With Olmert Going: What Peace Process?
07/31/2008 - 00:00
James Besser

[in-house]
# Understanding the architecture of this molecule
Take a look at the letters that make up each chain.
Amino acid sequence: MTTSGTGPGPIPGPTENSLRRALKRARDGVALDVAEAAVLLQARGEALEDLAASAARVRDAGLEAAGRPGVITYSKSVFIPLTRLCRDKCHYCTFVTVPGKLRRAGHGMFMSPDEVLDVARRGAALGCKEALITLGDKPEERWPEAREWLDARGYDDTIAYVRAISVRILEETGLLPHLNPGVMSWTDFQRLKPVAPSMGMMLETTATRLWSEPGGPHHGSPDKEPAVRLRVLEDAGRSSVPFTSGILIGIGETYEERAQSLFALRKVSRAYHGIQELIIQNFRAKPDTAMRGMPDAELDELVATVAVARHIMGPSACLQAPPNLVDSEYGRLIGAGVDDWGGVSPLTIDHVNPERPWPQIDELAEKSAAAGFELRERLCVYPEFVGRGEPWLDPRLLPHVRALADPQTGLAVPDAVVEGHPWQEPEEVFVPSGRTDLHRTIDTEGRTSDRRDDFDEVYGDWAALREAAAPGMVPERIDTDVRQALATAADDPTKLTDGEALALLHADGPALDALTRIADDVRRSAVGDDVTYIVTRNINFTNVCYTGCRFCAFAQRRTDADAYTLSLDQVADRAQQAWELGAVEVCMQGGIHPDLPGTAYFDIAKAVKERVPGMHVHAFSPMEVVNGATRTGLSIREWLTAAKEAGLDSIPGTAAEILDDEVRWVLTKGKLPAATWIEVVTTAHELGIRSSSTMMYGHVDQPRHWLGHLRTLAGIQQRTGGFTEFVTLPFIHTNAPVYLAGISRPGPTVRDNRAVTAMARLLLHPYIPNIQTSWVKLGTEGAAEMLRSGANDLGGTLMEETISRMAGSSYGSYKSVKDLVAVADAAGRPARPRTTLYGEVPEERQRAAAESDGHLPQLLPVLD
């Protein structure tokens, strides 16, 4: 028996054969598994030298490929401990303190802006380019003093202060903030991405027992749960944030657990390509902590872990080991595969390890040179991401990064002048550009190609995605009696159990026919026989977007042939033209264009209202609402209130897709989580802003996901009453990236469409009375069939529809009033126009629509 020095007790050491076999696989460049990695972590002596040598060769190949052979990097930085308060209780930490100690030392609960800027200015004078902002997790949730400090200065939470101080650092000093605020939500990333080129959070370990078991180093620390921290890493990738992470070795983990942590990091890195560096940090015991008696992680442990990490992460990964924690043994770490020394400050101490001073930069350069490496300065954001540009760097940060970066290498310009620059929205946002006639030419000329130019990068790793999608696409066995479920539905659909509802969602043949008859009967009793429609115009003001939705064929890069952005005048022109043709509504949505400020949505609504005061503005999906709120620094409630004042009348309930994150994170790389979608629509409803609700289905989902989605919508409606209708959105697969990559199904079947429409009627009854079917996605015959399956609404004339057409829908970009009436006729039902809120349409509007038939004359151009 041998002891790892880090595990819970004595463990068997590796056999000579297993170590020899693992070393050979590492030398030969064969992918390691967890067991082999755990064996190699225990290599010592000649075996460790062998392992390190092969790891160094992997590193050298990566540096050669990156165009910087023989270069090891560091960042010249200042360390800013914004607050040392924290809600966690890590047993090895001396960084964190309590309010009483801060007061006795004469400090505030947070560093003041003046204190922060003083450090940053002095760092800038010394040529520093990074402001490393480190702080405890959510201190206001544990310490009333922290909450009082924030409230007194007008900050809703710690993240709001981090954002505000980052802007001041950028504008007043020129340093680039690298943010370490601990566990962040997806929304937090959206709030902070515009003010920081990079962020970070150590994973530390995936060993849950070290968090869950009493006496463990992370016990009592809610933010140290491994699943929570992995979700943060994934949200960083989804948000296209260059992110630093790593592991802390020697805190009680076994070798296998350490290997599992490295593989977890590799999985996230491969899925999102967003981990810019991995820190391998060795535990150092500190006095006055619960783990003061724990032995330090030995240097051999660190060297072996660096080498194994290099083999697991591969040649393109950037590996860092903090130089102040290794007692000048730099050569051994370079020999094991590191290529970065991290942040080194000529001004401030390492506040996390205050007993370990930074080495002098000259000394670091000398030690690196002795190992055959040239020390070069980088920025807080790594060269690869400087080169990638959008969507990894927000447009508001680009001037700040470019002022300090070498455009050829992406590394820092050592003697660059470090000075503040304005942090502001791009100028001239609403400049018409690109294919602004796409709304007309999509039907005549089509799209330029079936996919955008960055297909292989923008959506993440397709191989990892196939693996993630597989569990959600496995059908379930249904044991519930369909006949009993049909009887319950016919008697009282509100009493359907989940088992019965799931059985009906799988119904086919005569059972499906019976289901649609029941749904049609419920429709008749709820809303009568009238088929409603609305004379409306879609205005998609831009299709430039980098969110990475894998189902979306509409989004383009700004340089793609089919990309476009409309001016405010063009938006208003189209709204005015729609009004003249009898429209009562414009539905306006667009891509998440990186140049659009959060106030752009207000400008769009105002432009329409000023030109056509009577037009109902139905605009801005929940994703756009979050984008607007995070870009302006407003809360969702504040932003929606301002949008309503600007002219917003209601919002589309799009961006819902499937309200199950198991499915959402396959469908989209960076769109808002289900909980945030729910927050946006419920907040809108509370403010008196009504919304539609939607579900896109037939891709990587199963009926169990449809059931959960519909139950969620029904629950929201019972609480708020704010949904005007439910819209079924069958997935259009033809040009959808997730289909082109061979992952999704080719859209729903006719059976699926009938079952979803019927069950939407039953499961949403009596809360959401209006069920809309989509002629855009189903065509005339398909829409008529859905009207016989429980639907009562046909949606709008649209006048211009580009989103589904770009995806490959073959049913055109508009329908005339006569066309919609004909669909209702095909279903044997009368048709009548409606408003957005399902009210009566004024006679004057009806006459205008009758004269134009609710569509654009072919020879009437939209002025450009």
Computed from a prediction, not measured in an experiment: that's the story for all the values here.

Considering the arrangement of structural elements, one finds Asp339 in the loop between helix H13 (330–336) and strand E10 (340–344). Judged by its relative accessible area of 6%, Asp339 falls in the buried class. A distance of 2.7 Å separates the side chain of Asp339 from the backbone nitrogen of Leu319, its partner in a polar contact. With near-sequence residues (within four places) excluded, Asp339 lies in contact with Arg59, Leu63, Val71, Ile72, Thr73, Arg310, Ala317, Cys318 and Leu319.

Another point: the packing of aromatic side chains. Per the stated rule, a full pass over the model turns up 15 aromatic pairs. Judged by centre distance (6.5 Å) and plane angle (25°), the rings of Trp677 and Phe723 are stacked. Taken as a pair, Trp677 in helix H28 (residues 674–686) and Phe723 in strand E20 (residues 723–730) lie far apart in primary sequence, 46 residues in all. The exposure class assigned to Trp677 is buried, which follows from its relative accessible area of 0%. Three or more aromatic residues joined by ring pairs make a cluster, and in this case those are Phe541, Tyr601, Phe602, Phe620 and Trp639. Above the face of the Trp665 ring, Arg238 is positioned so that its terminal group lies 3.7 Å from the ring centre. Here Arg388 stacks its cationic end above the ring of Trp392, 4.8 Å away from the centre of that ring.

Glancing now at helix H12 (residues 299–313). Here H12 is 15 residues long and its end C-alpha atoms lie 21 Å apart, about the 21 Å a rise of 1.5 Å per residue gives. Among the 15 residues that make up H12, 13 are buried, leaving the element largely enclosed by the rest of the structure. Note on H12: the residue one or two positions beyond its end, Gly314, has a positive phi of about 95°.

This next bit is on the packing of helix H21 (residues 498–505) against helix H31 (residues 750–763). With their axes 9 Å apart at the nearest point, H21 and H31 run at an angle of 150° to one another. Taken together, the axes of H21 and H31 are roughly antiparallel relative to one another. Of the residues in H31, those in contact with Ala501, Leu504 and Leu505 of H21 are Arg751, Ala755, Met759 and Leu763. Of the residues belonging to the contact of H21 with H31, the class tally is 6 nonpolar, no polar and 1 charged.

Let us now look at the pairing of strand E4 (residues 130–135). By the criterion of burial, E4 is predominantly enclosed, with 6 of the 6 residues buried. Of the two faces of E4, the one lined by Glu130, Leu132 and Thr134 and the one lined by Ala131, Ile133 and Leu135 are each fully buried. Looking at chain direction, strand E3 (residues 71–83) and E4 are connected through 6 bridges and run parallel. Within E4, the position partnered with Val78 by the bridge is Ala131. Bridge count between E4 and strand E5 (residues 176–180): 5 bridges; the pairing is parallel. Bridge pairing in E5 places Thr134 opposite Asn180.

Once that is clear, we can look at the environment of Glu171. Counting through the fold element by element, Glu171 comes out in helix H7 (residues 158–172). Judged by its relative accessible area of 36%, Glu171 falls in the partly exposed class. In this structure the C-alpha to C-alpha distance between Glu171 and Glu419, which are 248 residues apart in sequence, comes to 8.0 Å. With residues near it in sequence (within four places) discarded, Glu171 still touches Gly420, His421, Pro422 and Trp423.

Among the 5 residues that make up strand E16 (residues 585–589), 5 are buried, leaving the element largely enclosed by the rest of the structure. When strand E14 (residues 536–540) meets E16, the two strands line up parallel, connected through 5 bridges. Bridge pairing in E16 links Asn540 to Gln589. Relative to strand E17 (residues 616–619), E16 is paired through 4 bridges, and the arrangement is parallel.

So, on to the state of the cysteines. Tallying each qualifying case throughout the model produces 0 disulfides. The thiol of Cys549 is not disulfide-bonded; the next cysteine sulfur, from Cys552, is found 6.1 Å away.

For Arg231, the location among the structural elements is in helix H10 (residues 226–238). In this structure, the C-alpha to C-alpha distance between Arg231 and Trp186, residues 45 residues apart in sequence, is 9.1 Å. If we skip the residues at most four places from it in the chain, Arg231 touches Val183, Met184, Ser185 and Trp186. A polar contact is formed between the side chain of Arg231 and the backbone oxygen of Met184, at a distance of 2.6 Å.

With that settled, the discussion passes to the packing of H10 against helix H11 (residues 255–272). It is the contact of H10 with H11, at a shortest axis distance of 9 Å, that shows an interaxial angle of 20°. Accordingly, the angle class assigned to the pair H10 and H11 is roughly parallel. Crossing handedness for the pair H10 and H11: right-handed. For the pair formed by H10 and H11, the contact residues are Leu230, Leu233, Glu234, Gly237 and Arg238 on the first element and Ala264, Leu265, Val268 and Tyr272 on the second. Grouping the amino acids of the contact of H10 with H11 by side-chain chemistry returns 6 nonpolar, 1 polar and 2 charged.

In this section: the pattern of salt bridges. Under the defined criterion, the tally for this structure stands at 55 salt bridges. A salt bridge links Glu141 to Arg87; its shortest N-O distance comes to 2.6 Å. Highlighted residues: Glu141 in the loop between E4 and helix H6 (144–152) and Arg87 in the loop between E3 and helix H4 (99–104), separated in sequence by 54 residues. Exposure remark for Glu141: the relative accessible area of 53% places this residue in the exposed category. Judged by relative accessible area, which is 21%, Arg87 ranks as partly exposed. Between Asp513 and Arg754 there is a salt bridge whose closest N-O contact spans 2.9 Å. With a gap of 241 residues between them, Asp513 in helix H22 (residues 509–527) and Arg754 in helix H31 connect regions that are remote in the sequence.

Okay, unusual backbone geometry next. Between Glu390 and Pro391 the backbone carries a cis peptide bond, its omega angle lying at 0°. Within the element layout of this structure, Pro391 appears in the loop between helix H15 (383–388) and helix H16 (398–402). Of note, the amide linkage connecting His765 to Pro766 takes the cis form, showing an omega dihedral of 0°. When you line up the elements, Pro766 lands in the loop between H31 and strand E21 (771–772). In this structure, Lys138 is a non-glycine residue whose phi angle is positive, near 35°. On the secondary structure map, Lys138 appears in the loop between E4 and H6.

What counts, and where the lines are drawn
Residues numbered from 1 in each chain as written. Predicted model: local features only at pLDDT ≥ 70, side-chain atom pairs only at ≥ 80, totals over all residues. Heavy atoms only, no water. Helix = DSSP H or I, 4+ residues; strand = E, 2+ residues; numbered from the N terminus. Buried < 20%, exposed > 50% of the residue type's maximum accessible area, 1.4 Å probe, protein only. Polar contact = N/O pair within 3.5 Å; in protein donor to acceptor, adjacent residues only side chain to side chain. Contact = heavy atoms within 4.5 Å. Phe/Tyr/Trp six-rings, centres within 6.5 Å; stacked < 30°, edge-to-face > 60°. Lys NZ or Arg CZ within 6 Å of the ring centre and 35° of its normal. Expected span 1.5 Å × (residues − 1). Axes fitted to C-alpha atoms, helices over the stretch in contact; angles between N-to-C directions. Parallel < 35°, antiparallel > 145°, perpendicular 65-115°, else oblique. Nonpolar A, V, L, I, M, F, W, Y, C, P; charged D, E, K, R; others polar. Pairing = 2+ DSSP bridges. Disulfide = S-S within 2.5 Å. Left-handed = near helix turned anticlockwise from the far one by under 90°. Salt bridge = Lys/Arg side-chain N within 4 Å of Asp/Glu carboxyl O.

Thursday, July 31st, 2008 James Besser in Washington Here’s one of the more puzzling headlines of the month, right off the AP ticker:  “US Trying to salvage Gains in Mideast Talks.” According to the story, Secretary of State Condoleezza Rice called top Israel and Palestinian negotiators to Washington this week to “preserve modest momentum” in the U.S.-backed effort to get a deal - any kind of deal, please - by the end of the year and the end of President George W. Bush’s term. That leads one to wonder: what, exactly, is the administration’s definition of “momentum?”  And will such whimsical headlines continue in the wake of Prime Minister Ehud Olmert’s Wednesday announcement that he will step down after the Kadima primaries? Well, probably; on Wednesday the Washington Post wrote that Olmert’s decision to step down and set off an electoral frenzy to replace him is “raising doubts about prospects for peace with the Palestinians and Syria.” Oh really?  What tipped them off? Even before Olmert announced he was toast, the peace talks had taken on an almost surrealistic quality. All the major players had a stake in preserving the illusion that a deal was still possible; none had the credibility or the will to actually make that happen. President George W. Bush continues to say Israeli-Palestinian peacemaking is a strong priority, but he has done next to nothing to back up a secretary of state who took him at his word.  And if there’s a democratic - small “d” - leader with more credibility problems in the world, it’s President Bush. Palestinian leader Mahmoud Abbas continues to be touted as the “moderate” answer to the problem of a radicalized Palestinian population, but more and more he looks like a leader with no followers, impotent in the face of Hamas inroads in the West Bank. So what happens now is a holding action. Rice and Co. will still go through the motions of pushing peace efforts, but you could probably count on one hand the number of people who believe the effort is serious. The Bush administration is deep into lame duck status; the next president will have much more immediate and close-to-home problems on his hands than a stalled Israeli-Palestinian peace process, starting with a sour economy and wobbly financial institutions, as well as wars in Afghanistan and Iraq. So while Sen. Barack Obama promises an accelerated peace push if he is elected, don’t place any bets on that actually happening. Israel will go about the messy and protracted business of picking a new leader, and with former Prime Minister Benjamin Netanyahu looking like a pretty good bet to remove the “former” from his title, the next Israeli government could have a very different view of peacemaking.  Olmert may say he can produce some kind of agreement before he leaves office in September, but it’s hard to picture how. Bush, Olmert and Abbas will talk about the need for a continuing peace process, but their real goals will be to get through the next six to nine months without too much new bloodshed and without any more erosion to public support for the idea of a negotiated peace. Given factors like Iran, Hezbollah and Hamas, that won’t be easy.

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